FAMU takes a digital approach to student services


FAMU partners with GrubHub for dining services.
Photo by Mariah Wiggs

FAMU has taken a new approach to campus amenities based on Centers for Disease Control and Prevention suggestions.

The CDC is a federal agency that serves as a national public health institute. On the agency’s website, cdc.gov, it suggests the lowest risk of spreading COVID-19 involves restaurants limiting public food service to drive-through, delivery, take-out and curb-side pickup.  In addition, individuals should maintain at least six feet of separation as much as possible in public areas that may lead to close contact among other people, like weight rooms and group fitness studios.

FAMU’s new partnership with GrubHub and decade-long partner Intramural Leagues, allows students to access services around campus while keeping these guidelines in mind.

Prior to COVID-19, the university and Metz were considering services for food delivery. Tripp Goodwin, general manager for Metz Culinary Management, FAMU’s dining provider, explained their strategizing process leading into the school year.

“As the situations surrounding the coronavirus developed, social distancing guidelines, along with decreases in seating capacity required our team to look for innovative ideas as to how we could maintain our ability to serve our customers safely and conveniently,” Goodwin said.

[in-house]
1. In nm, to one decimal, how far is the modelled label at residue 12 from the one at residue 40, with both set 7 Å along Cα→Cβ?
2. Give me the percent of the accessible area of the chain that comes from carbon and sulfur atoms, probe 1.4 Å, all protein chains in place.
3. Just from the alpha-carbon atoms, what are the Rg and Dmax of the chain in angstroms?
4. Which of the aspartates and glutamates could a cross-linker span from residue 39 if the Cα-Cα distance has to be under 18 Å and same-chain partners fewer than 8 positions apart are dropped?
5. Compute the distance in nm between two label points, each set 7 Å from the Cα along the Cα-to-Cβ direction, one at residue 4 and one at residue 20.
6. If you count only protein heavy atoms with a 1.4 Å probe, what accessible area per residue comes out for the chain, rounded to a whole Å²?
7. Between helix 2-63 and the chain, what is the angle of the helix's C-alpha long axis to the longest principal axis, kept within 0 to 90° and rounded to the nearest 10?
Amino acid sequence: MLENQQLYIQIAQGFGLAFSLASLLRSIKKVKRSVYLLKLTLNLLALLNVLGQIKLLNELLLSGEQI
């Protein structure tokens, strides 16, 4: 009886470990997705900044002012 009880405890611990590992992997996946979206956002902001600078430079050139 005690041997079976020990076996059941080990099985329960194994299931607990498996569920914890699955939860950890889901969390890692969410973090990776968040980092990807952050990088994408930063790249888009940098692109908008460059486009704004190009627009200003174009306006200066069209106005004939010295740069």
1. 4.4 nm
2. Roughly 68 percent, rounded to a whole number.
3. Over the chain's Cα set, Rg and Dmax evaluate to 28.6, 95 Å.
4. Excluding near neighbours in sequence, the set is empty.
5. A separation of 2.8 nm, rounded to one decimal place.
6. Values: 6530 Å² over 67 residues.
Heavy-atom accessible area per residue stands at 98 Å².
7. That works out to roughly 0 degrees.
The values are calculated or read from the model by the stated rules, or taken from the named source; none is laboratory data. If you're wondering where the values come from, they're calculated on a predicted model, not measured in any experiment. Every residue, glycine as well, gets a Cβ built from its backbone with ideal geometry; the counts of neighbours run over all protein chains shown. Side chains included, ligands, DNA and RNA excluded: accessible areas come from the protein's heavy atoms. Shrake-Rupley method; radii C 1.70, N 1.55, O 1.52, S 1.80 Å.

With a win-win combination of a fiscal return for the university with every purchase through the GrubHub app, and a solid solution to maintaining social distancing with students on campus, Goodwin believes the app has become a key to meeting COVID-19 guidelines.

“The GrubHub Mobile Food App provides a viable solution,” Goodwin said.

This week, 10-year campus partner Intramural Leagues (IMLeagues) program helped launch the FAMU Come and Play App. Come and Play is a campus recreation branded app fit for all students.

“The app now allows us to connect our student users to all of our fitness actives and sign up for intramural leagues and tournaments on their phone,” said George Heimbach, assistant director for campus recreation.

The app allows students to schedule a one-hour time slot to work out.  Heimbach said that users also need a greater social distance when it comes to working out.

“We asked ourselves, if we have a bunch of users coming back, what is going to give them a fair opportunity for them all to use it?” said Heimbach.

With that in mind, the recreational center has instituted a 10-feet social distance rule for students using the facility and a 30-minute sanitation after each session.

With no definite answer as to whether the university will utilize these apps after COVID-19, some students remain optimistic about their current condition.

Business administration major Ladarius Lee is on board with the apps being used for student services.

“I feel like it falls right in line with the CDC guidelines as well as being very useful and resourceful for students,” Lee said. “Honestly, we could use this same method after COVID-19 goes away because it is such a convenience. I think they did a very good job with that.”

Both apps for dining services and campus recreation can be found on IOS and Android devices through the app store.